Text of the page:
Producer Share of Offshore Capacity Grows, Study Says
Producer-owned pipeline capacity in the Gulf of Mexico has grown
sharply over the past decade while the traditional interstate
pipeline's share of the offshore market is poised for a downturn,
according to a pipeline-commissioned study released last week.
Producers bristled at the study because it inferred, they said,
that greater rate and tariff flexibility from FERC was the only
reason for their success in the offshore.
The study, which was conducted by Foster Associates for the
INGAA Foundation, found that the producer-owned share of new
pipeline construction more than doubled in the Gulf during the past
eight years, to 76% of 4,000 new miles of pipe built since 1990
compared to a previous share of 32%. In contrast, traditional
pipelines, which the study says have been "handicapped" by
inflexible rates and tariffs set in earlier rate cases, built 13%
of the new offshore capacity since 1990 compared to 64% prior to
INGAA President Jerald Halvorsen blamed an unfavorable offshore
regulatory policy at FERC, as opposed to pipeline economics, for
driving much of the current development in the Gulf, resulting in
traditional pipelines getting a "shrinking piece of the capacity
pie" on the Outer Continental Shelf (OCS).
Interstate pipelines and producers presently own about an equal
share of the existing 14,112-mile offshore pipeline network, 48%
and 45% respectively. But the balance of ownership is expected to
tilt in favor of producers in the future, according to the study.
Of the 1,512 miles of new offshore pipeline planned, major oil/gas
producers and independent producers will own 70% while traditional
interstate pipelines are expected to own only 22%, it noted.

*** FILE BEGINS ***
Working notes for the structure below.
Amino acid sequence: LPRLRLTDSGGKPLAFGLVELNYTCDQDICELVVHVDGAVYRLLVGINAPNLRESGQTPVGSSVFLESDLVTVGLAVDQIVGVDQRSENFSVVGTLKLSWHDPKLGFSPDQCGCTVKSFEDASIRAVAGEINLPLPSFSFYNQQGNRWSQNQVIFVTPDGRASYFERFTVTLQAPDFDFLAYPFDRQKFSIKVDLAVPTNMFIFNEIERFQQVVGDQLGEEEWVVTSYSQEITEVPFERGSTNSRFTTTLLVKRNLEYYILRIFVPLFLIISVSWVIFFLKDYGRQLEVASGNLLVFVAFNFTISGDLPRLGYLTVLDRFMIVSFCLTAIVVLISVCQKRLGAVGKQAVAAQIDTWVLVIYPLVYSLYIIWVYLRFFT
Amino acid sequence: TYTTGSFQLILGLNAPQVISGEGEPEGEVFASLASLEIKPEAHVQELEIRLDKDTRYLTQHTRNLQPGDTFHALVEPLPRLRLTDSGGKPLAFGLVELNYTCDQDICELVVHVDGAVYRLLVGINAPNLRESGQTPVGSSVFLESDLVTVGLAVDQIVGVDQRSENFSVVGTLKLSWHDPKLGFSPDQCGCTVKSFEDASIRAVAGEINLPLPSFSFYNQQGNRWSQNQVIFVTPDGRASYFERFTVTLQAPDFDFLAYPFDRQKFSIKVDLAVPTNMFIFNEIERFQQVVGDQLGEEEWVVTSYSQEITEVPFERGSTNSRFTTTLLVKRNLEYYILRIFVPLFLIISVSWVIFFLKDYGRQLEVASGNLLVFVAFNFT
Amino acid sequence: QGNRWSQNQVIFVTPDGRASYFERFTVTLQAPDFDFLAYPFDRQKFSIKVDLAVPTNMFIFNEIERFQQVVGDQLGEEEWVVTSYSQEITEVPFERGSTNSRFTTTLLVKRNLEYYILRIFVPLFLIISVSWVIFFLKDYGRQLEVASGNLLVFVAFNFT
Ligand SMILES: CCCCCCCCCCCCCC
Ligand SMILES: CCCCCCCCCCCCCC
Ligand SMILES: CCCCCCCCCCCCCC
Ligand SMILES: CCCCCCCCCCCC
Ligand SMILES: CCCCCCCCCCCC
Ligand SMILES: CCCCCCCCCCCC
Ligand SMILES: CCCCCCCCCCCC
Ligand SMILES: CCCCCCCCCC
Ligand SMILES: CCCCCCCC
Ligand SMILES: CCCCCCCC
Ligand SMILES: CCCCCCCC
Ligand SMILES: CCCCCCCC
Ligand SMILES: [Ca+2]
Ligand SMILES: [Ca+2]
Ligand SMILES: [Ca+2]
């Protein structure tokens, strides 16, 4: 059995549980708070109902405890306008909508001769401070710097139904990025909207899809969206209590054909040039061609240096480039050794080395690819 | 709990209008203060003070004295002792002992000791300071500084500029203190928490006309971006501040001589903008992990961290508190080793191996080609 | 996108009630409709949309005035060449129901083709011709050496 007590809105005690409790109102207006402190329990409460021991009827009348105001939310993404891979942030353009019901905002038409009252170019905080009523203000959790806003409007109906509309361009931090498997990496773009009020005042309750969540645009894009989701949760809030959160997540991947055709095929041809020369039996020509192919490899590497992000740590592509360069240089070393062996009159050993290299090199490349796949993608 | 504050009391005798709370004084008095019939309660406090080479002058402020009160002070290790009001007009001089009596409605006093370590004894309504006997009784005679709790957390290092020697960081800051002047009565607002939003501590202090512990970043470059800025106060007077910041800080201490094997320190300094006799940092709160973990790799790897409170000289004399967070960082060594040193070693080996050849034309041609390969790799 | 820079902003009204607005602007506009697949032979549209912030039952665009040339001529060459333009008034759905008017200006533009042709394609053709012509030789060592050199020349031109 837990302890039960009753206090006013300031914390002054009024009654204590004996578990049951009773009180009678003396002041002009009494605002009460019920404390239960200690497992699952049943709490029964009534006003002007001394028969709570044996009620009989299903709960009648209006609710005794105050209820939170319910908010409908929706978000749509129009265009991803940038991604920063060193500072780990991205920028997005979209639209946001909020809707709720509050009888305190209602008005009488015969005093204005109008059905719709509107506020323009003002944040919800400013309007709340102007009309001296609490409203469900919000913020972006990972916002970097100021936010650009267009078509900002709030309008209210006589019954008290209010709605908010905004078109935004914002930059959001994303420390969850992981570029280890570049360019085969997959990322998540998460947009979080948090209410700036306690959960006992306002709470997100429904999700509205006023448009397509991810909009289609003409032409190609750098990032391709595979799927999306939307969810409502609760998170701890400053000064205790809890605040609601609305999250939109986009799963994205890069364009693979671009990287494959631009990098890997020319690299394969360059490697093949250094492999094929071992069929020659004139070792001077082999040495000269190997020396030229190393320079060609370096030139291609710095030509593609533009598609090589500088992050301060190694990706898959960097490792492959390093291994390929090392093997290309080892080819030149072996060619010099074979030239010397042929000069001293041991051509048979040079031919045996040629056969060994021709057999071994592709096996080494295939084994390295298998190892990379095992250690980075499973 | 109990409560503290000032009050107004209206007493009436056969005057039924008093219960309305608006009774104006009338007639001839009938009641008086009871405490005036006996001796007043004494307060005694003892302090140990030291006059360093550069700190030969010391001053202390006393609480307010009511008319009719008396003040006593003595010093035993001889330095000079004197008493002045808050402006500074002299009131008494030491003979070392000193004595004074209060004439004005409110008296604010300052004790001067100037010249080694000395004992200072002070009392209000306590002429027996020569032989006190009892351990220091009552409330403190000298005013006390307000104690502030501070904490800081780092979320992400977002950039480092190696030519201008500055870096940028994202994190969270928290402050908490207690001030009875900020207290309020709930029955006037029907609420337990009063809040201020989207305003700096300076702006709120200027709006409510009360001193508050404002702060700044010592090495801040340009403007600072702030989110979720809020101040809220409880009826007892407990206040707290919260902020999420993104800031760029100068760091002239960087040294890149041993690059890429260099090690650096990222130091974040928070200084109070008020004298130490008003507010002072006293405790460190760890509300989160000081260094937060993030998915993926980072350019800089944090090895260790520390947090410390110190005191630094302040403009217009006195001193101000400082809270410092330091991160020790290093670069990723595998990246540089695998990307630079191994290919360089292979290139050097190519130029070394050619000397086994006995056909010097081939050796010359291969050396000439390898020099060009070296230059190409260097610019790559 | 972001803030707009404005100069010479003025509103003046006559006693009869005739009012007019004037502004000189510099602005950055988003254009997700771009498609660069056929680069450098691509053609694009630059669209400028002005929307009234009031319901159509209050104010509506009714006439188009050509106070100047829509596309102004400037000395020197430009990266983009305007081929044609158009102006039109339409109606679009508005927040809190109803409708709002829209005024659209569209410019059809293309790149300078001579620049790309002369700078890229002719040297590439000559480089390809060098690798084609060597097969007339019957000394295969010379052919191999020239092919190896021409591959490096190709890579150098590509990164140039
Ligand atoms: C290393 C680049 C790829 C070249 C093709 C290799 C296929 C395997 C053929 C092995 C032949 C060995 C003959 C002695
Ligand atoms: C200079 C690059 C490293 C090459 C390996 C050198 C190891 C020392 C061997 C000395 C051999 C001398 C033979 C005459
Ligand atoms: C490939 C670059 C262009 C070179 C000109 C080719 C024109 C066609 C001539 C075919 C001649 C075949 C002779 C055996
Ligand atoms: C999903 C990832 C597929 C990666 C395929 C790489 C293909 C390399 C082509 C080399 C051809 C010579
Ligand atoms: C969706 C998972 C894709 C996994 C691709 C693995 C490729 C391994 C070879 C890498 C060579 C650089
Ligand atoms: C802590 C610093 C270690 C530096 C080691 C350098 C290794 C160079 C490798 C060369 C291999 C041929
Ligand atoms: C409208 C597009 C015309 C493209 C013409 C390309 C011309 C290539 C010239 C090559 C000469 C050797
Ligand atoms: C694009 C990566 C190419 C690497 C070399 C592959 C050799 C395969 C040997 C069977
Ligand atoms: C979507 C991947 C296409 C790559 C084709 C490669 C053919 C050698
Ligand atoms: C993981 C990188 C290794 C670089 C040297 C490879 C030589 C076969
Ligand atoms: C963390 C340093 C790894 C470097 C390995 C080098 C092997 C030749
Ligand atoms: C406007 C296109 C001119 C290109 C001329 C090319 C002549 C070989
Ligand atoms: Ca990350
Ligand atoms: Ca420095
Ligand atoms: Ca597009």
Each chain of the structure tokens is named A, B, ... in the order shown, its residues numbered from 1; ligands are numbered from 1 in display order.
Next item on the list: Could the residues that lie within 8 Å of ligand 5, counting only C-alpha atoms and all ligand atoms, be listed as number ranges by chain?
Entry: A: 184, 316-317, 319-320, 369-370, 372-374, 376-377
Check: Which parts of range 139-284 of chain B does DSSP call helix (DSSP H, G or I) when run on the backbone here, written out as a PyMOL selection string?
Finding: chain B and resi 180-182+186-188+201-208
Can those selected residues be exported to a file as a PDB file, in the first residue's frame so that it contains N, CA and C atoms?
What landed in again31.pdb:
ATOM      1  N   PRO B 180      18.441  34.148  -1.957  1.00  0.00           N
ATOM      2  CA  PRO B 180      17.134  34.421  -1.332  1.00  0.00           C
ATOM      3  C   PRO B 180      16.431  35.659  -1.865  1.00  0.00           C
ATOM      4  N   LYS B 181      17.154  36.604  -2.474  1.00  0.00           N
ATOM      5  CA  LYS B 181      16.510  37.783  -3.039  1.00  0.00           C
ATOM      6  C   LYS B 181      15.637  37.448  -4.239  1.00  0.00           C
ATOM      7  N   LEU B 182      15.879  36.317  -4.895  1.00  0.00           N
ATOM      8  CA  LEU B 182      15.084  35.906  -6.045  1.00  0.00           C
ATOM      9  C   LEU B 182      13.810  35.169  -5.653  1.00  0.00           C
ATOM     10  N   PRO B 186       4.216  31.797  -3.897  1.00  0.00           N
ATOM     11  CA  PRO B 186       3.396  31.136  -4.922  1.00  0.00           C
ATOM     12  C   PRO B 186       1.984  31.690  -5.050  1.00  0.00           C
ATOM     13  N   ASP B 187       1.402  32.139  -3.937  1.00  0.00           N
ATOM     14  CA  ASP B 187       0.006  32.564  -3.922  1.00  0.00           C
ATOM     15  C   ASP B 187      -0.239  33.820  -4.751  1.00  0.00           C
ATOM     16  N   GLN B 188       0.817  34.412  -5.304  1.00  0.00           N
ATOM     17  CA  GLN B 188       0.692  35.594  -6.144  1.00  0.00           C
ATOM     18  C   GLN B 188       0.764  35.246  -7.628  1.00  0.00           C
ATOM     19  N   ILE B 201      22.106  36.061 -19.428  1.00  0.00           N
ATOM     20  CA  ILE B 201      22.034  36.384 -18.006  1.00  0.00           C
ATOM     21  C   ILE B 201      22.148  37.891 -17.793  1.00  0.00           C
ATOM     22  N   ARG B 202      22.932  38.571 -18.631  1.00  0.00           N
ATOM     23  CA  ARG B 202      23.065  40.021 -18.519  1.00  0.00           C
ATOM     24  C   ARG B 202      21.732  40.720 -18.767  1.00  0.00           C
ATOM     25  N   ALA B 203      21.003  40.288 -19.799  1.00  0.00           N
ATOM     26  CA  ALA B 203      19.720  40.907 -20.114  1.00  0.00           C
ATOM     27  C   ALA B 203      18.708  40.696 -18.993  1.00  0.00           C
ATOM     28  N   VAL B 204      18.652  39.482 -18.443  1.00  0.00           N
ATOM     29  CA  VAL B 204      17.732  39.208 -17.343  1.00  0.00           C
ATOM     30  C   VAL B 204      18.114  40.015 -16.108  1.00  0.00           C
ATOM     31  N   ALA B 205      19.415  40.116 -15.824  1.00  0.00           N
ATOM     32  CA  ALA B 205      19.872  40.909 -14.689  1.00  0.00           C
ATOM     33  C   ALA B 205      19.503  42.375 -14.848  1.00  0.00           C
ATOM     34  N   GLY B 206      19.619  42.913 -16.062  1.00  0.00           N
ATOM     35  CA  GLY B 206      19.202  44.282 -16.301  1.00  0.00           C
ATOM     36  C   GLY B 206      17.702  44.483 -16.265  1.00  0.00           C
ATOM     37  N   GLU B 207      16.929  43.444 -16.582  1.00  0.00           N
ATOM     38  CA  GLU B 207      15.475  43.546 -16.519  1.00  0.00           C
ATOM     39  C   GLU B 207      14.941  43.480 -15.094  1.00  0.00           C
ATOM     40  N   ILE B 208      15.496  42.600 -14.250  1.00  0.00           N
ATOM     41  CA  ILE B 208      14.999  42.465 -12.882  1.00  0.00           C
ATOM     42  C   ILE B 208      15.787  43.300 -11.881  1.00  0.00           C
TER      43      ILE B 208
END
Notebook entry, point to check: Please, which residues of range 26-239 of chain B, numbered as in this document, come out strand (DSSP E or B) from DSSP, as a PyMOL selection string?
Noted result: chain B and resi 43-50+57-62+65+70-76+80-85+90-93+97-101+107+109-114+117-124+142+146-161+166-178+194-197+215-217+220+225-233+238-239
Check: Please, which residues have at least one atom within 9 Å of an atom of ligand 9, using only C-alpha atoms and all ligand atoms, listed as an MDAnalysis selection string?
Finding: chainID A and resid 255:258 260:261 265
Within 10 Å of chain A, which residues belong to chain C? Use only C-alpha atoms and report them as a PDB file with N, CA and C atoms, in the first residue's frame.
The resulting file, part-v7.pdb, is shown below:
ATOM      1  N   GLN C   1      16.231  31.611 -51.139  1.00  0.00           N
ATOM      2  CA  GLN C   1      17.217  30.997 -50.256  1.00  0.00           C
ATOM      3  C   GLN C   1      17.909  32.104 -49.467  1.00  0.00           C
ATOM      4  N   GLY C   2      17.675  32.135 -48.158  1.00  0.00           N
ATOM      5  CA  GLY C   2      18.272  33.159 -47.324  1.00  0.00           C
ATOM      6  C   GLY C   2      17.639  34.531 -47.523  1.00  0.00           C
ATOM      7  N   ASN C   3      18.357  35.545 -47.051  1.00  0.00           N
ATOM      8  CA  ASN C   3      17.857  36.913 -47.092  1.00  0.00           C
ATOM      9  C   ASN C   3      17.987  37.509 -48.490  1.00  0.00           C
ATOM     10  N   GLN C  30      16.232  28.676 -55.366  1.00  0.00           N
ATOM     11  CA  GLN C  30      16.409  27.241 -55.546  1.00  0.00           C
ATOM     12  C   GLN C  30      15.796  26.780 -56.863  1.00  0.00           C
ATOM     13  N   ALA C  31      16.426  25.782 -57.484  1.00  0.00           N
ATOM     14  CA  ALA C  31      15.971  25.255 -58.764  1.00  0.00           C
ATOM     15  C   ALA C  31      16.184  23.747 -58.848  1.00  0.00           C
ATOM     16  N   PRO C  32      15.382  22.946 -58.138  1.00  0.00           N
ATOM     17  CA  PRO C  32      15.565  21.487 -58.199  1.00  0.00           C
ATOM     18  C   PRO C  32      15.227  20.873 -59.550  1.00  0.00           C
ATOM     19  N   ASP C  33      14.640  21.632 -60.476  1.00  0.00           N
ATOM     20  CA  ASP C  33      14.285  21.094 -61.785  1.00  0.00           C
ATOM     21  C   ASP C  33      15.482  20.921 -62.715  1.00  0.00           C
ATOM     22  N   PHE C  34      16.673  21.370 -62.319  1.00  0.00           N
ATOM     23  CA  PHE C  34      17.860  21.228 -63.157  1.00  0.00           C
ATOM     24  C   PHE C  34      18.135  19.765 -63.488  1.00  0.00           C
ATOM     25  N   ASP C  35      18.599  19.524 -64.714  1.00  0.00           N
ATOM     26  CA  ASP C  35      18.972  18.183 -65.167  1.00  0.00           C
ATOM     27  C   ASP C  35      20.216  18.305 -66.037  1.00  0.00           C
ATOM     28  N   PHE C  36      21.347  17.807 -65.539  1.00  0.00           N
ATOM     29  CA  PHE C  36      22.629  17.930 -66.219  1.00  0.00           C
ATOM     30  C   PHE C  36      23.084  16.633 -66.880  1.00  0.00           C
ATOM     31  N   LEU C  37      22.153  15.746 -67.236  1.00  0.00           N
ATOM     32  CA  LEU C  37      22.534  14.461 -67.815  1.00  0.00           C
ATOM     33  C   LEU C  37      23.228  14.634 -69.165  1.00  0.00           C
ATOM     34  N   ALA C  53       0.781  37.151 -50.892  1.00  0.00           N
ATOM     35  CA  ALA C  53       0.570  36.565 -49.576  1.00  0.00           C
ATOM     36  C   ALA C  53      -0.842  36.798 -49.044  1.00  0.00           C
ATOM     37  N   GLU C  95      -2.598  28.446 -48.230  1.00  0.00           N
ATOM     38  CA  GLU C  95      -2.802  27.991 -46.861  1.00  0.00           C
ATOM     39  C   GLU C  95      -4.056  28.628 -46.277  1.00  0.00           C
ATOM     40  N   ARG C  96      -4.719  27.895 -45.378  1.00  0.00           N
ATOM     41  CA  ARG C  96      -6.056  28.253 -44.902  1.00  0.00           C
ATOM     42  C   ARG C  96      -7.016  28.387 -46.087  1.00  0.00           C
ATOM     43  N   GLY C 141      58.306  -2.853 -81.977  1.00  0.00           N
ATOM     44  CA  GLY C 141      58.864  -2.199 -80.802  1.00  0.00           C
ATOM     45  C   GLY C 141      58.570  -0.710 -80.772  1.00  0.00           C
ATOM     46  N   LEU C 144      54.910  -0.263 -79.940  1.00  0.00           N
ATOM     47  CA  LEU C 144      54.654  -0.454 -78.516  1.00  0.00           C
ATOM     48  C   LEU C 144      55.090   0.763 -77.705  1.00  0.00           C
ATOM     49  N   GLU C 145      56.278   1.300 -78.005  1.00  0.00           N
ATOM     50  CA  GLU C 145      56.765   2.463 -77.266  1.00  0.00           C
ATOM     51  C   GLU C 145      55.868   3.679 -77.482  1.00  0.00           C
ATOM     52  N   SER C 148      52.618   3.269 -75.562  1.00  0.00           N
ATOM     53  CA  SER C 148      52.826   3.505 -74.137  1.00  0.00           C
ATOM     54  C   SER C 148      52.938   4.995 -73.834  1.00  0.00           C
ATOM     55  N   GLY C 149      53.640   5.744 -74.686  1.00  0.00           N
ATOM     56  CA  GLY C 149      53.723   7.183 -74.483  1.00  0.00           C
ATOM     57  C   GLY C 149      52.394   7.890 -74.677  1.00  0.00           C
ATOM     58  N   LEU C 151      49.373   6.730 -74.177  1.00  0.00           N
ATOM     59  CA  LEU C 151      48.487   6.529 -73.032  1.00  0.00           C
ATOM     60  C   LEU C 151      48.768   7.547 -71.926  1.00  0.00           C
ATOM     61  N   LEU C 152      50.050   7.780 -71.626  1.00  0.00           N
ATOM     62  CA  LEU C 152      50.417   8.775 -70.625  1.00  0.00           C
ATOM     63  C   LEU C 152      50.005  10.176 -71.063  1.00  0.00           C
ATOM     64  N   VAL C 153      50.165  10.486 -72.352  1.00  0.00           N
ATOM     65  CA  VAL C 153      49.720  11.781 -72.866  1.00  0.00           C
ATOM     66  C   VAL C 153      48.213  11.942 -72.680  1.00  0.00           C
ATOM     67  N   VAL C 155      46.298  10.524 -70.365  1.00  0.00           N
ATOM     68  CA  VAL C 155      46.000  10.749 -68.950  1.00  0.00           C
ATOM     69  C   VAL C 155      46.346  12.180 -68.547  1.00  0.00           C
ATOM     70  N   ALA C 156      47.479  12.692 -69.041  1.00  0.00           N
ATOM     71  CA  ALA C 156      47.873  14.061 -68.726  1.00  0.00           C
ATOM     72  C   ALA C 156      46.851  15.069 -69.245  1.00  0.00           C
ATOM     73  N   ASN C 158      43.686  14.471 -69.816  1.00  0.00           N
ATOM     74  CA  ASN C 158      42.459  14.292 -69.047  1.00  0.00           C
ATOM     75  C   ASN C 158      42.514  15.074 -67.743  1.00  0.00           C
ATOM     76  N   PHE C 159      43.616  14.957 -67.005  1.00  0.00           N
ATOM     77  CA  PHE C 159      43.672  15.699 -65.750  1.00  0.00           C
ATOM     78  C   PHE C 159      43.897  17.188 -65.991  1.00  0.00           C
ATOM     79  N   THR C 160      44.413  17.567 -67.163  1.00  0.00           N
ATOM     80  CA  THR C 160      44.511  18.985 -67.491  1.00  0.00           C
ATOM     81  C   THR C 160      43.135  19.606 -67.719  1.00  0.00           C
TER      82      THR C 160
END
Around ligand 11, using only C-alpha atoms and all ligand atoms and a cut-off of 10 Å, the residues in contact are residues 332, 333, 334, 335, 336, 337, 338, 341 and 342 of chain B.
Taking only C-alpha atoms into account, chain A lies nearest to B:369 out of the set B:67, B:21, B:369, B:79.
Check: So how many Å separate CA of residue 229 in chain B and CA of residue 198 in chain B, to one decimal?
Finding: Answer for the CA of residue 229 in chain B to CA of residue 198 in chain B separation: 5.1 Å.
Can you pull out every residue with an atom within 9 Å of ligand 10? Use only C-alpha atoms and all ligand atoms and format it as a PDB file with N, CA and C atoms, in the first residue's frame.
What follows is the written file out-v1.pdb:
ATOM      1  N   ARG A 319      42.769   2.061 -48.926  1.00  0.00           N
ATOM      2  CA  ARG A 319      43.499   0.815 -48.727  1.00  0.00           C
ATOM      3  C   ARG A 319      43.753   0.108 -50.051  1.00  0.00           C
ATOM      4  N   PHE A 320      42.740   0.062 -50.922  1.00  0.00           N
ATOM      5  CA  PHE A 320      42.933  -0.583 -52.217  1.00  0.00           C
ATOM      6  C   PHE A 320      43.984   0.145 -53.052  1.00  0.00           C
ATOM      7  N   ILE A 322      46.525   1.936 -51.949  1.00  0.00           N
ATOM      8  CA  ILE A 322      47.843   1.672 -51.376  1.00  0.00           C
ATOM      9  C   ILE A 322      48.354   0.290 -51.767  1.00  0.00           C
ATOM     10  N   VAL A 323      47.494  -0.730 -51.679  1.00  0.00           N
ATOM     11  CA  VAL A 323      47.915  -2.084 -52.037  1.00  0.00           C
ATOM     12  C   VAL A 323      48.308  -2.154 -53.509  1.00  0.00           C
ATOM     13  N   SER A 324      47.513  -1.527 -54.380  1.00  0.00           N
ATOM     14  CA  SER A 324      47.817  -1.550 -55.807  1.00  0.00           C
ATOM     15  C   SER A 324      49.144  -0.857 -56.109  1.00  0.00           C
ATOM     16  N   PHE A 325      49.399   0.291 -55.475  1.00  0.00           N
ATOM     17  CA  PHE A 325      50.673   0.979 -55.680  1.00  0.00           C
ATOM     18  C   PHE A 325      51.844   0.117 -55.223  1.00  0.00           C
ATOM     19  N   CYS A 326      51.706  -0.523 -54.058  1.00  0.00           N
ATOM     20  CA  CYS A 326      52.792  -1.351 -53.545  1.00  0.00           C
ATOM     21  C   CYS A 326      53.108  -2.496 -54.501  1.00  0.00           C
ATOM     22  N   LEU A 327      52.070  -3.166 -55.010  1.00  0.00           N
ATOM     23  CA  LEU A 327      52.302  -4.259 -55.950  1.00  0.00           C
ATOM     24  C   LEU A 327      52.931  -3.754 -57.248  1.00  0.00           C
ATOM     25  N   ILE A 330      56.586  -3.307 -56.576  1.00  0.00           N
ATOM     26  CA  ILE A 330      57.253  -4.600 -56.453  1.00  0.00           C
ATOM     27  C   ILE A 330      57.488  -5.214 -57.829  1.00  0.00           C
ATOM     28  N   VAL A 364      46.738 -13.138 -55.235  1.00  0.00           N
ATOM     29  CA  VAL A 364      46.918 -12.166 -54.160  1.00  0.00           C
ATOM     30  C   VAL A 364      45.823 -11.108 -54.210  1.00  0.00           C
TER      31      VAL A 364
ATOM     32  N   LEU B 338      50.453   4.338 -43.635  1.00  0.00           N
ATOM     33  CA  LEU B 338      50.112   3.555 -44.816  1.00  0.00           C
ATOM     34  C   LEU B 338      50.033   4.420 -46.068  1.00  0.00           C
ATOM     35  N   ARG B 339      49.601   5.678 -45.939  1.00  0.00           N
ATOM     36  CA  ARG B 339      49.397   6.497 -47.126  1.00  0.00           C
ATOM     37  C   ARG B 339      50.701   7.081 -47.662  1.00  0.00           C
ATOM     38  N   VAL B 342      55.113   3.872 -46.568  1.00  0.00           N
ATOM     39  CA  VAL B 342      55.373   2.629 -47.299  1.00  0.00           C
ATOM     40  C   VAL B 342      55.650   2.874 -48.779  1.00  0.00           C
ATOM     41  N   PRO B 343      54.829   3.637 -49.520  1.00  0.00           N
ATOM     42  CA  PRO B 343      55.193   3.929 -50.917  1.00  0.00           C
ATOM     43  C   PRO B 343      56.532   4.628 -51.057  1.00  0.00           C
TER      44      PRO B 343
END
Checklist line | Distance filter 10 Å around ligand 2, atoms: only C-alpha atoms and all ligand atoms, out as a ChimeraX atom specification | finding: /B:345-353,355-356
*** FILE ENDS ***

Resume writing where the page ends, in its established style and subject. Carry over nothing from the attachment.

Moreover, INGAA projected the natural gas industry will require
the construction of an additional 7,400 miles of pipeline capacity
at an estimated $7 billion over the next 15 years to meet growing
production in the Gulf. This is in addition to the 4,000 miles
($3.5 billion) of new offshore pipe built since 1990, and the 1,512
miles ($1.6 billion) of offshore project proposals currently
pending at FERC.
"It's true that the traditional certificated pipeline company is
losing its piece of the [offshore] pie, but it's not losing it
because it isn't able to apply for the same types of certificates
that producers can apply for," countered Nick Bush, president of
the Natural Gas Supply Association (NGSA). The key reason is that
producers "can build [these pipelines] more economically and run
them more efficiently" than the traditional pipelines, he contends.
"Clearly, producers are building more transmission systems in
the offshore Gulf today because they feel they can do it at a lower
cost than the traditional certificated pipeline company can," Bush
told NGI. "The contention that producer-built pipelines somehow
have advantages unable to be obtained by traditional certificated
[pipelines] is simply wrong." Any pipeline being proposed,
regardless of who will build it, "has the same ability to get the
same types of conditions that have been issued recently to some of
the producer pipeline," he said.
"Producers have a lot of expertise in the Gulf," responded Anne
Roland, a spokeswoman for the INGAA Foundation. "We're not in any
way implying that producers aren't doing a [good] job. The issue is
whether the current regulatory regime is appropriate."
Bush believes INGAA will use the study as an "advocacy piece" to
convince FERC to forego regulating the offshore under the Natural
Gas Act (NGA) in favor of a lighter handed approach under the Outer
Continental Shelf Lands Act (OCSLA), a move which the producers
oppose. "We think that the current regulatory structure [the NGA]
is more than adequate, and we think our actions demonstrate it," he